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Job Creation, Job Destruction and Labour Demand in Slovenia

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  • Stefan Bojnec
  • Jozef Konings

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Abstract

This paper uses a unique firm level data base of traditional and newly established private enterprises to investigate gross job flows and labour demand in the transition period in Slovenia. We find that job destruction dominates job creation in the early years of transition, but later in the transition job destruction diminishes. The excess job reallocation rate, a measure for restructuring, is found to be rather low. We find that newly established private firms or de novo firms are fundamentally the most dynamic ones in terms of job creation. We estimate a reduced labour demand equation controlling for ownership and competitive pressure and find that the estimated employment elasticity with respect to sales is rather low, 12%. We do not find any difference in this elasticity if we split the sample in expanding versus contracting firms. Furthermore we cannot find evidence that competitive pressure has any impact on the demand for labour. We do find that de novo firms have a higher employment growth than traditional firms.

Suggested Citation

  • Stefan Bojnec & Jozef Konings, 1998. "Job Creation, Job Destruction and Labour Demand in Slovenia," LICOS Discussion Papers 7498, LICOS - Centre for Institutions and Economic Performance, KU Leuven.
  • Handle: RePEc:lic:licosd:7498
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    File URL: http://www.econ.kuleuven.be/licos/publications/dp/dp74.pdf
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    References listed on IDEAS

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    1. Bilsen, Valentijn & Konings, Jozef, 1998. "Job Creation, Job Destruction, and Growth of Newly Established, Privatized, and State-Owned Enterprises in Transition Economies: Survey Evidence from Bulgaria, Hungary, and Romania," Journal of Comparative Economics, Elsevier, vol. 26(3), pages 429-445, September.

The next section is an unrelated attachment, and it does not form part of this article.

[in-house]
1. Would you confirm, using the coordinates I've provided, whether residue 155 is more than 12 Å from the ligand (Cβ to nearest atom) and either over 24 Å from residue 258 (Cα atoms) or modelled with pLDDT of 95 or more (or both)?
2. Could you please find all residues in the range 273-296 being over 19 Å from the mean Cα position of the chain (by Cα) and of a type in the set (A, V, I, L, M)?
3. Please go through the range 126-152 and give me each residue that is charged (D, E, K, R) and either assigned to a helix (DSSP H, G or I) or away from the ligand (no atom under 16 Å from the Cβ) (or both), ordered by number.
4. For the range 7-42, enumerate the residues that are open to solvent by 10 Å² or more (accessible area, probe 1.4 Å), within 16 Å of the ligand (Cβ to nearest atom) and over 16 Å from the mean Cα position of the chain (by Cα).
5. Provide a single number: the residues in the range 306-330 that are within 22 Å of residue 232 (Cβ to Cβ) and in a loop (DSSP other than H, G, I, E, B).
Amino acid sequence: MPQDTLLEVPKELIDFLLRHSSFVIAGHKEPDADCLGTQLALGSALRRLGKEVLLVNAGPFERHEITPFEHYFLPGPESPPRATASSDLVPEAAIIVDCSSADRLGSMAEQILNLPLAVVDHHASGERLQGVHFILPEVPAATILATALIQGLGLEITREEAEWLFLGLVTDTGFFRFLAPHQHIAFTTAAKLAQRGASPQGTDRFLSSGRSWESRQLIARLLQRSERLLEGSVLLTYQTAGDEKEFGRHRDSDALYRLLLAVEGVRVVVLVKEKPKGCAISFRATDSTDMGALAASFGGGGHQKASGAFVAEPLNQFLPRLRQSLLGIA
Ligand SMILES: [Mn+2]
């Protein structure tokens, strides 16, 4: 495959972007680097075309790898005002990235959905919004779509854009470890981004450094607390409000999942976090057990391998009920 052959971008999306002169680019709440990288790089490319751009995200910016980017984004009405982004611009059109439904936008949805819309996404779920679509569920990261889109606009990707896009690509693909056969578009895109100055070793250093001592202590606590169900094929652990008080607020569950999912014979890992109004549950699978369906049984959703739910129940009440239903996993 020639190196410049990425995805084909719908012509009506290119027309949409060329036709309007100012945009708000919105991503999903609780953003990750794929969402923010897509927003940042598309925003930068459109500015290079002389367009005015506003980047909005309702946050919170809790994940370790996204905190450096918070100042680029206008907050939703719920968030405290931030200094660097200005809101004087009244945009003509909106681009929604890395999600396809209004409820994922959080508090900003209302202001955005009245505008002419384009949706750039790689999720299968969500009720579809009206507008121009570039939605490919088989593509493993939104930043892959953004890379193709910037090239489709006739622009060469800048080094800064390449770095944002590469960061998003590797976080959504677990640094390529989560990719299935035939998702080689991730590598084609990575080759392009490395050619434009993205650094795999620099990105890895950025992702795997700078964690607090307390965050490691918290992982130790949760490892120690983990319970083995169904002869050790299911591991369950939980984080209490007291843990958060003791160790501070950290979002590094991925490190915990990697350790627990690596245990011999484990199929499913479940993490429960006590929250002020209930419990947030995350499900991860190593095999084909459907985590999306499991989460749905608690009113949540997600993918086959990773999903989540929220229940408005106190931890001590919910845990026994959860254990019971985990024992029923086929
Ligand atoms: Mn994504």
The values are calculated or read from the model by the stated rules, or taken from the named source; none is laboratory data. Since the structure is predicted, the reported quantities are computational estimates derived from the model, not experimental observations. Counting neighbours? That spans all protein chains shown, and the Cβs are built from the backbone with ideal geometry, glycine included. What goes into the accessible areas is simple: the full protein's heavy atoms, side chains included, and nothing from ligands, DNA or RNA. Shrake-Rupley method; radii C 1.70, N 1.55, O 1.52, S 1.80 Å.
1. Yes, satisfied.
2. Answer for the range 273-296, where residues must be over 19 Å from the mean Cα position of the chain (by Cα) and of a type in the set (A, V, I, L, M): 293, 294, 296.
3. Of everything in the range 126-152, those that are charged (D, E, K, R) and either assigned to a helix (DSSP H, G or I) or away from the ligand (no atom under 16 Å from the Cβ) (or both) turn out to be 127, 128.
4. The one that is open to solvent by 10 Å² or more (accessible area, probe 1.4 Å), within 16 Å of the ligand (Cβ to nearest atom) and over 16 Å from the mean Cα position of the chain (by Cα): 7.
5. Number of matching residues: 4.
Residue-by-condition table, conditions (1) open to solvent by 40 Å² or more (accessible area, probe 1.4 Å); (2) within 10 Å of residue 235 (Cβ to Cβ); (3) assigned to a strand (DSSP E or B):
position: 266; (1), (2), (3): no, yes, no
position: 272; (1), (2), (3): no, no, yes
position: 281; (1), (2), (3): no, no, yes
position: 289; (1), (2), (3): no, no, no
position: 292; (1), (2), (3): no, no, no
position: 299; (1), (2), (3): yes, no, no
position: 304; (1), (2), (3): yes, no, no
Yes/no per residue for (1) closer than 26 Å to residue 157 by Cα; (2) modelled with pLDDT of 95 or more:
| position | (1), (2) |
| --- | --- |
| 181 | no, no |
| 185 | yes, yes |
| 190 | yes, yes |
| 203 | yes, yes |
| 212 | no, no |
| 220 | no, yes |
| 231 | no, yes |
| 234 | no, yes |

2. Steven J. Davis & John Haltiwanger, 1992. "Gross Job Creation, Gross Job Destruction, and Employment Reallocation," The Quarterly Journal of Economics, Oxford University Press, vol. 107(3), pages 819-863.
    3. Boeri, Tito & Cramer, Ulrich, 1992. "Employment growth, incumbents and entrants : Evidence from Germany," International Journal of Industrial Organization, Elsevier, vol. 10(4), pages 545-565, December.
    4. Konings, Jozef, 1997. "Firm growth and ownership in transition countries," Economics Letters, Elsevier, vol. 55(3), pages 413-418, September.
    Full references (including those not matched with items on IDEAS)

    Citations

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    Cited by:

    1. Milan Vodopivec & Peter F. Orazem, 2000. "Male-female differences in labor market outcomes during the early transition to market: The cases of Estonia and Slovenia," Journal of Population Economics, Springer;European Society for Population Economics, vol. 13(2), pages 283-303.
    2. Haltiwanger, John C. & Vodopivec, Milan, 2002. "Gross worker and job flows in a transition economy: an analysis of Estonia," Labour Economics, Elsevier, vol. 9(5), pages 601-630, November.
    3. Stepan Jurajda & Katherine Terrell, 2000. "Optimal Speed of Transition: Micro Evidence from the Czech Republic," William Davidson Institute Working Papers Series 355, William Davidson Institute at the University of Michigan.
    4. Jan Svejnar & Joanna Tyrowicz & Lucas van der Velde, 2015. "Productivity and Inequality Effects of Rapid Labor Reallocation – Insights from a Meta-Analysis of Studies on Transition," Working Papers 2015-11, Faculty of Economic Sciences, University of Warsaw.
    5. Tyrowicz, Joanna & Van der Velde, Lucas, 2017. "Labor Reallocation and Demographics," IZA Discussion Papers 11249, Institute for the Study of Labor (IZA).
    6. Joanna Tyrowicz & Lucas van der Velde, 2014. "Can We Really Explain Worker Flows in Transition Economies?," Working Papers 2014-28, Faculty of Economic Sciences, University of Warsaw.

    More about this item

    Keywords

    Job creation; Job destruction; Slovenia; Transition; Private firms;

    JEL classification:

    • J63 - Labor and Demographic Economics - - Mobility, Unemployment, Vacancies, and Immigrant Workers - - - Turnover; Vacancies; Layoffs

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